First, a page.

This story was originally published by The Conversation and is reproduced with permission. You can find the original article here.
As nations gear up for a critical year for climate negotiations, it’s become increasingly clear that success may hinge on one question: How soon will China end its reliance on coal and its financing of overseas coal-fired power plants?
China represents more than a quarter of all global carbon emissions, and it has spent tens of billions of dollars to build coal power facilities in 152 countries over the past decade through its Belt and Road Initiative. Roughly 70% of the coal plants built globally now rely on Chinese funding.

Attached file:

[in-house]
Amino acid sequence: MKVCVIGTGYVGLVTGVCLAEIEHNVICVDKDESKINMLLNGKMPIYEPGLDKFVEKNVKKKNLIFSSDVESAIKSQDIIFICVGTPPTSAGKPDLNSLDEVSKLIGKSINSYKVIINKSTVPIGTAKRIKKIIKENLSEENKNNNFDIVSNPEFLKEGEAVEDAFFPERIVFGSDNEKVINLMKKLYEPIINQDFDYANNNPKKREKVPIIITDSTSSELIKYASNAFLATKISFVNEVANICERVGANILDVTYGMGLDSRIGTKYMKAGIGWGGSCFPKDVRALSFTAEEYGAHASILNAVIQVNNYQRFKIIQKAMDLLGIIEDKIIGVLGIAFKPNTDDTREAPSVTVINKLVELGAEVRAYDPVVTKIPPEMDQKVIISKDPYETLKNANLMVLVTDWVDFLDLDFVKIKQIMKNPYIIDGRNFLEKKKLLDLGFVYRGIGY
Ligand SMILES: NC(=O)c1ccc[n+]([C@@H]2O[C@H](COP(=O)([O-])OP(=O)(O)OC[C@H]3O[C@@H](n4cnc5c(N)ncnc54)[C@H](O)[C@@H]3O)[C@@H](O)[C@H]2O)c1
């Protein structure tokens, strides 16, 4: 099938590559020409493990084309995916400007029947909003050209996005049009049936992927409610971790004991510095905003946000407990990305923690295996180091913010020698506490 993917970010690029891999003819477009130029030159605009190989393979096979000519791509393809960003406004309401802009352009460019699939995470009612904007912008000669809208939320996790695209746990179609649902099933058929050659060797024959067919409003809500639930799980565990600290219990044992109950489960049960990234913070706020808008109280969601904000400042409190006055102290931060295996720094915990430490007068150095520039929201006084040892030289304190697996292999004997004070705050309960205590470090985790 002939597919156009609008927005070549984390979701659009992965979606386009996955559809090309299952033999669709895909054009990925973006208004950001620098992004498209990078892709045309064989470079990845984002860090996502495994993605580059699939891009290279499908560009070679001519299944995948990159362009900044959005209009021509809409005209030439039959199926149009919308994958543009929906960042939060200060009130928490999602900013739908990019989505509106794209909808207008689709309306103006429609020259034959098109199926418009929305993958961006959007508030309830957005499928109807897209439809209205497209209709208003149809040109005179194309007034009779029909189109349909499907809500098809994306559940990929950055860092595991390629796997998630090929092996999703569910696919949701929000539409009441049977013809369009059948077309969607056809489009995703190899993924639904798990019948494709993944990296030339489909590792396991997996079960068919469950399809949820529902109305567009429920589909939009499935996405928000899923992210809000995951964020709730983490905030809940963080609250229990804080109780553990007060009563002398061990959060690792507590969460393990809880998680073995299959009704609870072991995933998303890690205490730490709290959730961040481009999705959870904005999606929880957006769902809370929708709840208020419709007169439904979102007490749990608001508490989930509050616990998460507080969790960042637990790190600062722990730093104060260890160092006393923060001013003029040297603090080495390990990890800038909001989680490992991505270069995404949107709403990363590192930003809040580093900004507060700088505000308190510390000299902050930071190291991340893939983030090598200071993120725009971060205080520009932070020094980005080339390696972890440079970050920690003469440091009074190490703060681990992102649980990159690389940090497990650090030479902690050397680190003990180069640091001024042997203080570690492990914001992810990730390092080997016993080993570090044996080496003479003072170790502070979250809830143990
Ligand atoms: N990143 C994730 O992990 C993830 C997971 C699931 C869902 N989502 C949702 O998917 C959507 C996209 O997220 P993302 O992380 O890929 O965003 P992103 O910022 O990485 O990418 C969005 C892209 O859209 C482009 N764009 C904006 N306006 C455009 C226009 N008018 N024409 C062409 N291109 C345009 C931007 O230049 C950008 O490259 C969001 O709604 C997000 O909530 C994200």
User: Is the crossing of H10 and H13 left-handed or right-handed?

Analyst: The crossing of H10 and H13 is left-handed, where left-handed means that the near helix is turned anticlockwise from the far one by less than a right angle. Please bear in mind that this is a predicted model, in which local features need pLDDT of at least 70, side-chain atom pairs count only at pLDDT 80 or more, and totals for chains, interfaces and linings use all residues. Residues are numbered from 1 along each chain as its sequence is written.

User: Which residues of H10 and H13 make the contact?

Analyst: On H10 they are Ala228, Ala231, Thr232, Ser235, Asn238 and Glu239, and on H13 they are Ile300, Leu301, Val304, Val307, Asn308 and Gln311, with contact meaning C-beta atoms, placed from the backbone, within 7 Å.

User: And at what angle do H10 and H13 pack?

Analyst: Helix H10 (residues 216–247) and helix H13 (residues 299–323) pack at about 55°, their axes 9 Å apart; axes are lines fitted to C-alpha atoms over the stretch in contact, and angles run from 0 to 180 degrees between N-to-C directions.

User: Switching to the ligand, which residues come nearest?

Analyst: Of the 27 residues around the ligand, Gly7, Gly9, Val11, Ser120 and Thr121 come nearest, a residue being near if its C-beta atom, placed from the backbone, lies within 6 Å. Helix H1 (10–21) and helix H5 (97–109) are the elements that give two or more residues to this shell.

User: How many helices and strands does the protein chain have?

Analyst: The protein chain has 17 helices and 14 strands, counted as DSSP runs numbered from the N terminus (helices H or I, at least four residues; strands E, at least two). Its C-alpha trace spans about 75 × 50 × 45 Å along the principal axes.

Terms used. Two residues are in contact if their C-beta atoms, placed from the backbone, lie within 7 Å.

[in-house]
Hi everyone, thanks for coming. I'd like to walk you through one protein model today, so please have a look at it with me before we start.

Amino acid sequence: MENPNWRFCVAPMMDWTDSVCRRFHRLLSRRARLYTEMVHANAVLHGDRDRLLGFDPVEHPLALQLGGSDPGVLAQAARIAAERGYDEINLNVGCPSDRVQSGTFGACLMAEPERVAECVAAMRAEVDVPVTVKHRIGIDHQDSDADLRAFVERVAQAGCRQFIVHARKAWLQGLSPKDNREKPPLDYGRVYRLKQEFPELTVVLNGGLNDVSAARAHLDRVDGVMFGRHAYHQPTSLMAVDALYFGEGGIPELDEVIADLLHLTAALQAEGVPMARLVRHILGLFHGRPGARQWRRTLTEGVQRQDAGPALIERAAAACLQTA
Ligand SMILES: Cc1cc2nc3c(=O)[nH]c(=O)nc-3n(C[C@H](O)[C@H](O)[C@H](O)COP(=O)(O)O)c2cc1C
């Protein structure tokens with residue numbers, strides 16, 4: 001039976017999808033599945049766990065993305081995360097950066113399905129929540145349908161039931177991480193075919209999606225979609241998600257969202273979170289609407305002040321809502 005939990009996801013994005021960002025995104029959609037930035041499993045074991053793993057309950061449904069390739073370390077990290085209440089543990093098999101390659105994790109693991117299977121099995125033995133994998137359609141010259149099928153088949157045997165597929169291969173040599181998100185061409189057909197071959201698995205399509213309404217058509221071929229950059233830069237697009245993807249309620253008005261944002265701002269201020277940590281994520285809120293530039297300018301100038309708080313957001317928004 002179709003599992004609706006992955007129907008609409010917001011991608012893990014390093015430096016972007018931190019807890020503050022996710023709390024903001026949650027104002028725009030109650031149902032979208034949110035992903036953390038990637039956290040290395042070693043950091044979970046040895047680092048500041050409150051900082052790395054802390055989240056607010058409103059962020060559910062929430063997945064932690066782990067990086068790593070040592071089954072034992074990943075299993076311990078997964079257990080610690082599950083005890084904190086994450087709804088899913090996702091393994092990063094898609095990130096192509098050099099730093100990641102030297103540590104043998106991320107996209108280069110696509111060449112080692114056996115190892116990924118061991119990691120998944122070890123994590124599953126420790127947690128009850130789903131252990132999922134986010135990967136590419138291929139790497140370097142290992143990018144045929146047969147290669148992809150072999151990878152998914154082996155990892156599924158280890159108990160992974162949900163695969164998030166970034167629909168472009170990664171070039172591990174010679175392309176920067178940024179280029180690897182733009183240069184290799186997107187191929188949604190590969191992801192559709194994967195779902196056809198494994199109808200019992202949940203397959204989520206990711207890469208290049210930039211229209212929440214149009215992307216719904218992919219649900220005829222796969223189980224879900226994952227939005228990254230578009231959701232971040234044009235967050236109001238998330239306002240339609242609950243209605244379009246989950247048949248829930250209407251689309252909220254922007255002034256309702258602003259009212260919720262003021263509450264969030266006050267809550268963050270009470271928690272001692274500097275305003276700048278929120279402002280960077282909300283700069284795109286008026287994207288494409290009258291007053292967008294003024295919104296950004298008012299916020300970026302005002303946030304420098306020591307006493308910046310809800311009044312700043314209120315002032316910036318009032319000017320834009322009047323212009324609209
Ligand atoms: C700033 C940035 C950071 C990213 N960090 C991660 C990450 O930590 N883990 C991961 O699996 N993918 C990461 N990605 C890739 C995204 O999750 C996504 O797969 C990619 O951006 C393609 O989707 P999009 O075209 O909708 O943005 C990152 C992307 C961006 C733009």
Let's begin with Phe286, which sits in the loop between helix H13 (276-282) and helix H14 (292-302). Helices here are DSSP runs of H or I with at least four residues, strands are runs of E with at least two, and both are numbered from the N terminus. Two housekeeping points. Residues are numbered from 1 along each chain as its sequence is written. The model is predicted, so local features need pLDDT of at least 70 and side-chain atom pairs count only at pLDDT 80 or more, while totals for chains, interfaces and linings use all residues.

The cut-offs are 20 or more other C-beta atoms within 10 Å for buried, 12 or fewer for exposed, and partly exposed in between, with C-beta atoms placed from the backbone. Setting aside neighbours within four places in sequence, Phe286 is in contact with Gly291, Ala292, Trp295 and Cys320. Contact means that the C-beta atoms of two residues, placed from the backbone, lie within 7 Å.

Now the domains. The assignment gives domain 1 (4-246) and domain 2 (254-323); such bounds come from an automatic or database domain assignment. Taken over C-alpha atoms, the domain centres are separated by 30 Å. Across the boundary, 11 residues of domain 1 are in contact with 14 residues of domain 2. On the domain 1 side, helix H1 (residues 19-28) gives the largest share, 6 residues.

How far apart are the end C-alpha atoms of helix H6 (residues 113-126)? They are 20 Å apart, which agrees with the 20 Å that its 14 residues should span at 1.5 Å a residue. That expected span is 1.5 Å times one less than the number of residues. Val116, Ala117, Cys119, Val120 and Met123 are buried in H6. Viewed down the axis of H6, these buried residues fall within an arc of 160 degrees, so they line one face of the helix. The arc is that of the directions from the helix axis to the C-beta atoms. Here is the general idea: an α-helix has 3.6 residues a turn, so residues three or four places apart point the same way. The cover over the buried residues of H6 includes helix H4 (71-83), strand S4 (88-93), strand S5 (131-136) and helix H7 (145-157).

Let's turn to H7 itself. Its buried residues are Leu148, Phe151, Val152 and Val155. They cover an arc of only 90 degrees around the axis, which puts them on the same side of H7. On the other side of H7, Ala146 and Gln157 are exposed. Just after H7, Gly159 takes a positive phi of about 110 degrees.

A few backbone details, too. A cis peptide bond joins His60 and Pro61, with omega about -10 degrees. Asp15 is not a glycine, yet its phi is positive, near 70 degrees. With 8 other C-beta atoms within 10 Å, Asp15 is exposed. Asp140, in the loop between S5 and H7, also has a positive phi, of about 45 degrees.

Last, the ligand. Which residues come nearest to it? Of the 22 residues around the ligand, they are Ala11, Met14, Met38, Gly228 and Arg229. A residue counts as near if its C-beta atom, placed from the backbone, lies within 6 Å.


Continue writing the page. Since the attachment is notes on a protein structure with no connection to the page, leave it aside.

That’s a problem for the climate. The International Energy Agency warns in a new analysis that if the world hopes to reach net zero emissions by 2050, widely seen as necessary to meet the Paris climate agreement goals, there should be no investment in new fossil fuel supply projects or in new coal-fired power plants that don’t capture their carbon emissions. Shortly after that report came out, the G7 group of leading industrialized de... Read more